Students don’t need to “demonize the oil industry”. The oil industry does a very good job of that all by themselves with no outside help. It’s “par for the course with them”. It’s how the industry does business.

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  • Scott N. says:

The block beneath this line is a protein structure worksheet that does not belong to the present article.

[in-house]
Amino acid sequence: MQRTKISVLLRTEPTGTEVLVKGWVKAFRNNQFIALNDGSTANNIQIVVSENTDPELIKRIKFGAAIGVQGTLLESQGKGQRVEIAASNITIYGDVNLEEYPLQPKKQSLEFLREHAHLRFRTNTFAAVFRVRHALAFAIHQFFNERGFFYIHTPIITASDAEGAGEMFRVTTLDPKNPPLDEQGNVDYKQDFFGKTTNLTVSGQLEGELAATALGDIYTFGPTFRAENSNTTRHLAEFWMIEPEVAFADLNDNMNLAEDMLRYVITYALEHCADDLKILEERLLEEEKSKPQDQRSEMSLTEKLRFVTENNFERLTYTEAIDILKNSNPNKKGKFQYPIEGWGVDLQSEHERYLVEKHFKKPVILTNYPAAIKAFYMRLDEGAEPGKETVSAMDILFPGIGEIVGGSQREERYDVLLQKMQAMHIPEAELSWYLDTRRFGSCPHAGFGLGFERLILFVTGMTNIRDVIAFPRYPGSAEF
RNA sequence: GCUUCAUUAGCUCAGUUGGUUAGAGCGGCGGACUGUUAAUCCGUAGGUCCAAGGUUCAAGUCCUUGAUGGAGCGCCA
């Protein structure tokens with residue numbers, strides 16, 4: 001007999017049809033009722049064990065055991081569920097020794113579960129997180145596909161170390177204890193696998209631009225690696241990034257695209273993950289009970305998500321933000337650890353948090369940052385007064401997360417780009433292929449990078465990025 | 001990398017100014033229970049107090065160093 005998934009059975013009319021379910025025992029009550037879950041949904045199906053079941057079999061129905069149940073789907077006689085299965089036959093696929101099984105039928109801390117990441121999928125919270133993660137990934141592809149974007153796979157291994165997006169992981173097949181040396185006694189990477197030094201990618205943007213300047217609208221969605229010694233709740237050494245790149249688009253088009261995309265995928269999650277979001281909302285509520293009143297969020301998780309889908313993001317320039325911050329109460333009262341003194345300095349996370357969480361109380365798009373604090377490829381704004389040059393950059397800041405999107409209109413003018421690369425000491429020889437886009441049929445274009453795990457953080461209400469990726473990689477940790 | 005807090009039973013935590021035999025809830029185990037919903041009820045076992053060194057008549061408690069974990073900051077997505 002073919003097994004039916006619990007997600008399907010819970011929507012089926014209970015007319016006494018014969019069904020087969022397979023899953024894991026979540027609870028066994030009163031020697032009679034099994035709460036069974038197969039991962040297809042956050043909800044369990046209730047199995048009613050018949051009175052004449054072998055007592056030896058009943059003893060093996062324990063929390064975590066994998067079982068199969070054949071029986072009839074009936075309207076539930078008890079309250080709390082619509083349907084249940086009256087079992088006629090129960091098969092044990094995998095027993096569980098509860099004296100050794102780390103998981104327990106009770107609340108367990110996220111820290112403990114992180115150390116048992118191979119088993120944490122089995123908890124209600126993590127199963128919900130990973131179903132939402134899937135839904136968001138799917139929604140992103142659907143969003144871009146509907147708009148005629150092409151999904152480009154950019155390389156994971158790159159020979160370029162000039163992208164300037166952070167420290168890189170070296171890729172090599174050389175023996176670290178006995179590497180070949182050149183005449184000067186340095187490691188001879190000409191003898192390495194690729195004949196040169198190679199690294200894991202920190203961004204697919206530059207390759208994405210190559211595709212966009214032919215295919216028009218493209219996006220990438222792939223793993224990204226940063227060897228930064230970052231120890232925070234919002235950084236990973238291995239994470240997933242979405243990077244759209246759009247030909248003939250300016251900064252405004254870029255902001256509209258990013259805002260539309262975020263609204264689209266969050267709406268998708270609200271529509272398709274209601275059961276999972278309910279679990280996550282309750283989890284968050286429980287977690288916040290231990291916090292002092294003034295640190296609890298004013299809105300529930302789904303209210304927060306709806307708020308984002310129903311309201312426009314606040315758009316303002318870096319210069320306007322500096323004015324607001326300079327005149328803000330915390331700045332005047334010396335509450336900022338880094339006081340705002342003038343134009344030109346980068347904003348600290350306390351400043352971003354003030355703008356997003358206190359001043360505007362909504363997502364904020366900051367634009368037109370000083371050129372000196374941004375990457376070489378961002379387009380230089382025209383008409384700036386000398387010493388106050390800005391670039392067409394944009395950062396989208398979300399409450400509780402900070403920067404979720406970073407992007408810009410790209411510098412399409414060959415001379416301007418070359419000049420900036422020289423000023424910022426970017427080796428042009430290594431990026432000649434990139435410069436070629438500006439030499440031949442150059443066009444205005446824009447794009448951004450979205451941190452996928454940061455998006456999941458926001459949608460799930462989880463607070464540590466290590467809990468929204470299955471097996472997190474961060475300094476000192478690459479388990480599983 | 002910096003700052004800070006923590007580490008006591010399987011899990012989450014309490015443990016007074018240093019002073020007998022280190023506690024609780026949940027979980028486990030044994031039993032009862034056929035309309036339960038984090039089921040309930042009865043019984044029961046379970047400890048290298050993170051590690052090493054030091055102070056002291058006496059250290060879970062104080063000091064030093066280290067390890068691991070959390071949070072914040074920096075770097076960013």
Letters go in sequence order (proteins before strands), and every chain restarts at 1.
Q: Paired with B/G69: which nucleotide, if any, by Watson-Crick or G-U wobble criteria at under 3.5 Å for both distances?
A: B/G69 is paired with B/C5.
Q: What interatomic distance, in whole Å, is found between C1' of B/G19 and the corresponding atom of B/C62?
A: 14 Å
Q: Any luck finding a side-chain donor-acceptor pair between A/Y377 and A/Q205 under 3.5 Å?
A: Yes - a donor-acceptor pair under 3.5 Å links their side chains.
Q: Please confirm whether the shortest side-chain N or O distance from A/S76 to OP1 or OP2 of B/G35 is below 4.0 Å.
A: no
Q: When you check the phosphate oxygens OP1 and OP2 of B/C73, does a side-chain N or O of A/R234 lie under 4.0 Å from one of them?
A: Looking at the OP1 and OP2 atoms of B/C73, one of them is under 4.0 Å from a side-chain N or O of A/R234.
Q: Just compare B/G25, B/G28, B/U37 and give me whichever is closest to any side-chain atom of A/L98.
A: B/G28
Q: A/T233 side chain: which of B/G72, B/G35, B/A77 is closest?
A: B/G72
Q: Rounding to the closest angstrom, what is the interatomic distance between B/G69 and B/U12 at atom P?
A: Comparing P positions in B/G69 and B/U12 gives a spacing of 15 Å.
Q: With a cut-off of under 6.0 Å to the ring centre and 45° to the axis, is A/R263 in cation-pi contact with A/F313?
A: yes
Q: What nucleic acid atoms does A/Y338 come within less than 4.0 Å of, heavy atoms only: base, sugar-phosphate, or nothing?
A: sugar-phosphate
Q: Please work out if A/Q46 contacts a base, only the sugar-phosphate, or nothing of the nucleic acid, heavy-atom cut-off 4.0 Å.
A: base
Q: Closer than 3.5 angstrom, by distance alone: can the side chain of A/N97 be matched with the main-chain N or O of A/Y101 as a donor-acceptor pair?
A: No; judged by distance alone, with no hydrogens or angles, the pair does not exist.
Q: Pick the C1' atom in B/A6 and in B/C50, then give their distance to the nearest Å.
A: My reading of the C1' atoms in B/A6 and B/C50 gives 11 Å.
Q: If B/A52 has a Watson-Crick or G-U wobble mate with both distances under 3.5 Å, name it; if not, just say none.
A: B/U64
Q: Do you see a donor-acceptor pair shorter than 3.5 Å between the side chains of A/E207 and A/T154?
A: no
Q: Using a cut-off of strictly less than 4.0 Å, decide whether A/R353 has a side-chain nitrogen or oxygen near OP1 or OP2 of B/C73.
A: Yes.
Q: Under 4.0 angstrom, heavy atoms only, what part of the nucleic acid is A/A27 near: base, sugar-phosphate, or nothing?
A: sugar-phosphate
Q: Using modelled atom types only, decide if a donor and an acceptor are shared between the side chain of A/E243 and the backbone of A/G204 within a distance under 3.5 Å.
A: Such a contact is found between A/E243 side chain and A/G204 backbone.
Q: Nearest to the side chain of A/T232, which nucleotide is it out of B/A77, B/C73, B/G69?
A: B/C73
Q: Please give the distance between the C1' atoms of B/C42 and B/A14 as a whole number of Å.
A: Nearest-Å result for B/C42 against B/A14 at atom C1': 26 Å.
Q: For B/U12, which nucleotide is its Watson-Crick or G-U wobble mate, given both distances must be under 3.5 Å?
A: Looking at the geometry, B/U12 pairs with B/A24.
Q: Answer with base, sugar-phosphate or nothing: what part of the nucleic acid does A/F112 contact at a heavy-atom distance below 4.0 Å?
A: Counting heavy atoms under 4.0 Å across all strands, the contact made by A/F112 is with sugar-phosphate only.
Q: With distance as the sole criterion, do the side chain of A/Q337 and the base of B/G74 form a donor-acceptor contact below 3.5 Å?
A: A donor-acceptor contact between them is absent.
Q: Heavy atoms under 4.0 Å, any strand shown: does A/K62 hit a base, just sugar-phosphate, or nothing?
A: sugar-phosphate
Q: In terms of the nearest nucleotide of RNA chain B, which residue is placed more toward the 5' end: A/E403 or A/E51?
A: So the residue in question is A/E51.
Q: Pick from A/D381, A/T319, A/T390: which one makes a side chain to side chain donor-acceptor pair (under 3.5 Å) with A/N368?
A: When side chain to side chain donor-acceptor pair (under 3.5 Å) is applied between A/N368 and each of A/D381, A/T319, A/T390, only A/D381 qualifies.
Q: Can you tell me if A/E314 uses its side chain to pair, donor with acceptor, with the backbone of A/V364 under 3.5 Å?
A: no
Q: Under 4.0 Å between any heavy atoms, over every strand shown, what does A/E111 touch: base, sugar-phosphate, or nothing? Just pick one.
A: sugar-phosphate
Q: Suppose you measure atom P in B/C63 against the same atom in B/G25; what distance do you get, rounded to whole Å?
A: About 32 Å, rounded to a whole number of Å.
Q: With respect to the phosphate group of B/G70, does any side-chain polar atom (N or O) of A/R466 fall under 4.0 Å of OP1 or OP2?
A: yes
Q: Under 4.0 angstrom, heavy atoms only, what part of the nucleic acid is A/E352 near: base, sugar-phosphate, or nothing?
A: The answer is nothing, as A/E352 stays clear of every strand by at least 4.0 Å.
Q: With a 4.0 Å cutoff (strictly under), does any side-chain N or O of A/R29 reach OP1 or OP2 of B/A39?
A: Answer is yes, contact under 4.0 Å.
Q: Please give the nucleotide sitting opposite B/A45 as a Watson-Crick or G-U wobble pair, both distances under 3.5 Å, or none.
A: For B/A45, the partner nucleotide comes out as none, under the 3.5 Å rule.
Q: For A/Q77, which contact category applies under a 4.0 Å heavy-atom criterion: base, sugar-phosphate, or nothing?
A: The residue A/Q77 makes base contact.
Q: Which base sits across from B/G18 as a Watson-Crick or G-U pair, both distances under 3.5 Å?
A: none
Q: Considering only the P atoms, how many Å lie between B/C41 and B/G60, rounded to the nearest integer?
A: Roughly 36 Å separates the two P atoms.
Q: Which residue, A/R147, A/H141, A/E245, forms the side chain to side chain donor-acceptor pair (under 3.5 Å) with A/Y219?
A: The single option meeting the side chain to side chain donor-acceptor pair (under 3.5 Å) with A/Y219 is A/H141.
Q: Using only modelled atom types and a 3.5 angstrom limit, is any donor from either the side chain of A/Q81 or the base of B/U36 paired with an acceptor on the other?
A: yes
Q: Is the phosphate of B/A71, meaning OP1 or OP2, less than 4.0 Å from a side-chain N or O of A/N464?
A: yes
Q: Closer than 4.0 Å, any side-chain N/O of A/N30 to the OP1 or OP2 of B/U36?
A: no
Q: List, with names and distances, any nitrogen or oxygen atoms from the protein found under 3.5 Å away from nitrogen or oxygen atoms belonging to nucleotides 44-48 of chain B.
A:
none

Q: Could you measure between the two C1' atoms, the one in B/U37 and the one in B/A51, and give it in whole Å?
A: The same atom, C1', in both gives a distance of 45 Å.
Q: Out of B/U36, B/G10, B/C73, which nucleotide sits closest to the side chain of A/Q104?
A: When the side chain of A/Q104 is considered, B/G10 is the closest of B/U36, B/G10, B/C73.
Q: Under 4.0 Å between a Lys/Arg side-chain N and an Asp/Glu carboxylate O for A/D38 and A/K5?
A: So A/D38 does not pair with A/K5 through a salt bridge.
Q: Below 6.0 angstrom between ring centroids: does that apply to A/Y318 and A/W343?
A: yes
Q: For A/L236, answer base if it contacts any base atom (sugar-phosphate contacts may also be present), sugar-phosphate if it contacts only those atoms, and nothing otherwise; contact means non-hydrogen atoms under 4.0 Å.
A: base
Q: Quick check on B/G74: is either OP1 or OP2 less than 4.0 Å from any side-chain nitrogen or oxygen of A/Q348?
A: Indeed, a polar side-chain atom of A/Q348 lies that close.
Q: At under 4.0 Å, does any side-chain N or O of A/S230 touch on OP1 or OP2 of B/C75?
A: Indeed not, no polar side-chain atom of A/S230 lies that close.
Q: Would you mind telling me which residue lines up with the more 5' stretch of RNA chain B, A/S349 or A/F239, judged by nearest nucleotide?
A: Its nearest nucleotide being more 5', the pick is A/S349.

Oh OK. Let’s see how long it takes these Wash U students to find the solution to the world’s increasing energy demands. The truth is, they don’t have any, except they’ve been schooled on how to demonize the coal and oil industries that bring the rest of us Americans who have to bust our rear ends to make a living affordable gas and electric. Oh sure, they know how to spout off how we need more solar panels, windmills, and hydro dams. First of all, Germany, which many liberal progressives consider one of the leaders in this “green” utopia, is actually going back to burning coal because solar, wind, and hydro dams don’t produce enough yield to meet the demand, nor are they cost effective alternatives. And ironically, when projects to build various solar farms, windmills, and hydro dams have been attempted, these same progressive liberals are the first ones to oppose their own solutions because solar stations threaten this bird or this owl, etc.; windmills kill this bird or that bird or this owl, etc., hydro dams because they threaten this fish, that fish, etc etc.. This is all one big liberal disaster area, at the expense of this nation’s economy. Surely, coal mining operations impact some negatively, but how many more does it benefit? The impact is ten-fold. Who makes their living off coal? The miners, the equipment manufacturers, their employees, the railroad crews, railroad track workers, railroad dispatchers, railcar builders, power plant workers, power plant equipment manufacturers, truck drivers, construction crews, barge operators, the folks who own shops and and gas stations and restaurants — entire towns near these mines, and the list goes on and on. I’ll wage the coal industry pumps billions into our nation’s economy, hundreds of millions into Illinois’ economy.. Environmentally, modern coal plants can scrub out much of the coal ash and exhaust with filtration systems, and generally, we don’t have to worry about an accident at a coal plant threatening large populations like a nuclear plant does. But, Wash U kids could care less about that. I’m going to take a wild guess that most of the kids involved in this protest have never flipped a burger to make a living or have a group of hungry mouths at home to feed are telling us how evil all this is. Unreal.